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Manufacturers Reshore Amidst COVID-19

According to ThomasNet: Manufacturers are looking for solutions closer to home following the trade disruption that resulted from COVID-19 

The industrial sourcing platform Thomasnet, which is trusted by millions of industrial buyers in North America recently published an insight revealing critical information about a surge in “reshoring” amongst manufacturers in 2020.

Reshoring is the practice of transferring a business operation that was moved overseas back to the country from which it was originally located. Reshoring is also known as onshoring, inshoring, or backshoring. Up until 2020, manufacturers relied heavily on overseas manufacturing because of the lower labor costs. However, surging tariff rises and the outbreak of COVID-19 brought quite a change to this once cost-effective option. 

Read the full report from Thomasnet below to gain more insight on this topic. 

Are you a manufacturer looking to reshore products in your supply chain? Contact ARCO Silicone to discuss your options. As an American manufacturer, ARCO Silicone can provide shorter lead times and lower minimums. With over 100 years of experience in custom extrusions, you can depend on our team of skilled engineers.

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Manufacturers Look for Solutions Closer to Home Following COVID-19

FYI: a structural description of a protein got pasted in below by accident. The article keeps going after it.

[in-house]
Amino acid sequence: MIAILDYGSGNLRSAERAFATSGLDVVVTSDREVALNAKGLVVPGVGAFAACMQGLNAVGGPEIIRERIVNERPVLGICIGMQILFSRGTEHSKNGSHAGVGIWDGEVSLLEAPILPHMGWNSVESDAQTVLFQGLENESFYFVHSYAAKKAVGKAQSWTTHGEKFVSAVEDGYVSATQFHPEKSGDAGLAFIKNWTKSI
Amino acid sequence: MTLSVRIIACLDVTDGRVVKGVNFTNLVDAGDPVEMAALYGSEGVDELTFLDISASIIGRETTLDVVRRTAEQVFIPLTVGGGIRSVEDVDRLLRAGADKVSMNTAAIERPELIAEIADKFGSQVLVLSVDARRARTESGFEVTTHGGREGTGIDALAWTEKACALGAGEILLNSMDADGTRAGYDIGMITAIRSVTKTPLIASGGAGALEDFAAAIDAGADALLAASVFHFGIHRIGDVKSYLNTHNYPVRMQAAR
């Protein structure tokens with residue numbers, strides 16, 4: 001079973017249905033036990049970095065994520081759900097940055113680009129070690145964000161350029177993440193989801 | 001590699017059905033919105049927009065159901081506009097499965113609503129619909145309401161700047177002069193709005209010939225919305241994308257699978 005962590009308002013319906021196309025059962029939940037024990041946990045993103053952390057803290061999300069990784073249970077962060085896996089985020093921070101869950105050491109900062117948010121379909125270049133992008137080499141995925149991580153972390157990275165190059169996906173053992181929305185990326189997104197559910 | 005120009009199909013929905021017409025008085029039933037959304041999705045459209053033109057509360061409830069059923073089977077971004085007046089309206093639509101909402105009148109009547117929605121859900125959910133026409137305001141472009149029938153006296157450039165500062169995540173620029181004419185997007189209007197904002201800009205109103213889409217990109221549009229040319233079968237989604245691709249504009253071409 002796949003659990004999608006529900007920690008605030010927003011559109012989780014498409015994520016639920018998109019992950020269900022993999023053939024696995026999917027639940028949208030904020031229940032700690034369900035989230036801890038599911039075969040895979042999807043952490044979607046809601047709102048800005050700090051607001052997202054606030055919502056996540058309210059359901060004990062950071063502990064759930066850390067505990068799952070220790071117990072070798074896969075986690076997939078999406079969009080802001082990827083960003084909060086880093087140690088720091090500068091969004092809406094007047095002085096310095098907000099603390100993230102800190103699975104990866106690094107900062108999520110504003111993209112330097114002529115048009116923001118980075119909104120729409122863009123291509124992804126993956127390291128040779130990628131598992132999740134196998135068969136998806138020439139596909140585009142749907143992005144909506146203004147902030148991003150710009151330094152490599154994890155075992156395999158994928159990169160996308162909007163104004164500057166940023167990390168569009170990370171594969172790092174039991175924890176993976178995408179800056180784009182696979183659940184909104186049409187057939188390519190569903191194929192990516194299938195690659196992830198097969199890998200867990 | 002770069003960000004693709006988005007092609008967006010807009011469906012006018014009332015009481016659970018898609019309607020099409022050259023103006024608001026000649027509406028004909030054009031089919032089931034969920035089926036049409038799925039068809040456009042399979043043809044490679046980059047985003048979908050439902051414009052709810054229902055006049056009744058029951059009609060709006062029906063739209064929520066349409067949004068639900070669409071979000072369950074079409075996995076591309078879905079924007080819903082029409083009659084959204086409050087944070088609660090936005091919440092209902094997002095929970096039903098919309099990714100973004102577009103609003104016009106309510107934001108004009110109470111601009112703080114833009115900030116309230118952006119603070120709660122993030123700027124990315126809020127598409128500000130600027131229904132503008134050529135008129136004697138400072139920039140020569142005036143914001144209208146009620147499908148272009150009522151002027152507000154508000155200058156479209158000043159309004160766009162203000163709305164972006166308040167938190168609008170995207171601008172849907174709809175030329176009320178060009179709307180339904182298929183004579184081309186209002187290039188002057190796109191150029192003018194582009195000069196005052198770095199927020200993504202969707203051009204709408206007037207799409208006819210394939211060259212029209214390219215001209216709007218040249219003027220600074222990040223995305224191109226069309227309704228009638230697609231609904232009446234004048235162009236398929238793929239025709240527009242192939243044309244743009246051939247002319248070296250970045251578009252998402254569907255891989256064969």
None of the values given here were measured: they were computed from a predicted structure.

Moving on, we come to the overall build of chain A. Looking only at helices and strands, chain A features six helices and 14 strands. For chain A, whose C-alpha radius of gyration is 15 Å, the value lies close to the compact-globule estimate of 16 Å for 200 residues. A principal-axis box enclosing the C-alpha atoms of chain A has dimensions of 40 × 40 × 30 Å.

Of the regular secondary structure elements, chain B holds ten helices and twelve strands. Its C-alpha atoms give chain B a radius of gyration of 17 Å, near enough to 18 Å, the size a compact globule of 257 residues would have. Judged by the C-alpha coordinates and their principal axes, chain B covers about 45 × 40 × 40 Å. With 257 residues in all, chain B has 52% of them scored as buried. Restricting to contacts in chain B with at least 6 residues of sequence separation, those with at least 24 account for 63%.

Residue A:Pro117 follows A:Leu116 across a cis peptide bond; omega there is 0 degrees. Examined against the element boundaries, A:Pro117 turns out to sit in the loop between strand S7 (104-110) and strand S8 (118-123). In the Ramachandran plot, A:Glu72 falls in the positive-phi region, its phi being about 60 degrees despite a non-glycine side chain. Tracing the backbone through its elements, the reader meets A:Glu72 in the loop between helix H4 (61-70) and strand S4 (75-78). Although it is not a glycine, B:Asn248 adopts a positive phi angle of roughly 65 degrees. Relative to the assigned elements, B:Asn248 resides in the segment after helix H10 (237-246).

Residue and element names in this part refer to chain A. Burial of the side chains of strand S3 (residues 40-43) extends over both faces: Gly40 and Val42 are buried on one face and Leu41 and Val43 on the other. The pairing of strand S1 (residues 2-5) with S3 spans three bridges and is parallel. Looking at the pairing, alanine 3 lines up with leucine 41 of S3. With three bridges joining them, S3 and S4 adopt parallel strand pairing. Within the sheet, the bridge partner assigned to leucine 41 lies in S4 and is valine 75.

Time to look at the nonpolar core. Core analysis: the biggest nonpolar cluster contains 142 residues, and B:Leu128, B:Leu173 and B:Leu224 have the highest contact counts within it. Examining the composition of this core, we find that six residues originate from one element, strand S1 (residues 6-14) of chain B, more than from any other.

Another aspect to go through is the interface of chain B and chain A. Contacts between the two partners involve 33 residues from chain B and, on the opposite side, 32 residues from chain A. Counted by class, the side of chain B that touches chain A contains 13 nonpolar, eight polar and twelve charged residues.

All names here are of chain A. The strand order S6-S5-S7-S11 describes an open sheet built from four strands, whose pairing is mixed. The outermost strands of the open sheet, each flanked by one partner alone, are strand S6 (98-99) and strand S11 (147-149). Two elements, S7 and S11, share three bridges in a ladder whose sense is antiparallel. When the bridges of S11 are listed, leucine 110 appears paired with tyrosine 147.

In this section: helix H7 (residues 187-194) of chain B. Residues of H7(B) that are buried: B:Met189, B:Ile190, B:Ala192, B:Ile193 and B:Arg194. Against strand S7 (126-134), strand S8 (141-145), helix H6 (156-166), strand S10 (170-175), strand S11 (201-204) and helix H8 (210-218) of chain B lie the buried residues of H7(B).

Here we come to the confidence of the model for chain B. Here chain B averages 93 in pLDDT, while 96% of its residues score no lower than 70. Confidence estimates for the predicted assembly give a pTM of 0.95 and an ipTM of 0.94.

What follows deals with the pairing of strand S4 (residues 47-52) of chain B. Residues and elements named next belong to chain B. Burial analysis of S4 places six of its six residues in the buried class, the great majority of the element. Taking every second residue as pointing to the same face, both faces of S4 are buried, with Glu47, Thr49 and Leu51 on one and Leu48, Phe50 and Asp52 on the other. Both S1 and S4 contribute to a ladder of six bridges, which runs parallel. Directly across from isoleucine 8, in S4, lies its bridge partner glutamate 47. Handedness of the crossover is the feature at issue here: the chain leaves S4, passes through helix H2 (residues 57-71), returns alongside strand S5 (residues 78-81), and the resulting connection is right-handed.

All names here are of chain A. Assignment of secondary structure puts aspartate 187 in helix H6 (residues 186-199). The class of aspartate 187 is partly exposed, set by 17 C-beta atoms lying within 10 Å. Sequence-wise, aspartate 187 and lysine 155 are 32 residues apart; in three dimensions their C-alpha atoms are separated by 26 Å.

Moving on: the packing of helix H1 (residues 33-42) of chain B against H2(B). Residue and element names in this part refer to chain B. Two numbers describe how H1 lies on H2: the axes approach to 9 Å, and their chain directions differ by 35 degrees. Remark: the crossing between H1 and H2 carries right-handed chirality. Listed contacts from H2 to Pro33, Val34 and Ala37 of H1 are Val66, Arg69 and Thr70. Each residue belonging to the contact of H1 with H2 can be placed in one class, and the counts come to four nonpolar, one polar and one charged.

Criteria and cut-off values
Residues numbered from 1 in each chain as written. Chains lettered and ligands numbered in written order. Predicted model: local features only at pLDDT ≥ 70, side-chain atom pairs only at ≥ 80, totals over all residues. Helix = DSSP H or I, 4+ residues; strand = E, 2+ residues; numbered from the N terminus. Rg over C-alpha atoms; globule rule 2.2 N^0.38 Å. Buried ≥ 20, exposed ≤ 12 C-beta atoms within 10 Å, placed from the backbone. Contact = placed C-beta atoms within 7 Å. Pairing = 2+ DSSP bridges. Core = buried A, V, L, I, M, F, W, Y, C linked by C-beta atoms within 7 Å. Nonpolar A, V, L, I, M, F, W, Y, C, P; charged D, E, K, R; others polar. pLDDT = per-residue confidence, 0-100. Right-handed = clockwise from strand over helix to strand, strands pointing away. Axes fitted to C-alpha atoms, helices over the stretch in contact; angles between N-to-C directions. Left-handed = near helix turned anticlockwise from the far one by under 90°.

Once seen as the most practical option for the majority of businesses, manufacturing overseas is now falling out of favor for a number of reasons. Returning production to North America, however, cannot happen overnight, so manufacturers are finding creative ways to do business in the interim.

The Statistics Leading Up to the Current State of Manufacturing

The Trade War

Prior to the trade war, reshoring was seen as an unnecessary expenditure for many manufacturing companies. Companies enjoyed lower labor costs overseas, and importing from China, a country that controls ⅓ of the global manufacturing industry, was consistently the most cost-effective option.

The trade war, however, swiftly transformed this copacetic landscape ideal for producers. Tariffs were met with retaliatory tariffs. Suddenly, manufacturers were strapped with a bill, and the cost-effective option became increasingly expensive.

Surging tariff rises had the possibility to create disastrous consequences including, according to reports by The Port of Los Angeles, 1.47 million jobs and $186 billion in the nation’s economy. As prices for export rose, manufacturers worried the consumers might have to pay the price.

COVID-19 and Trade Disruption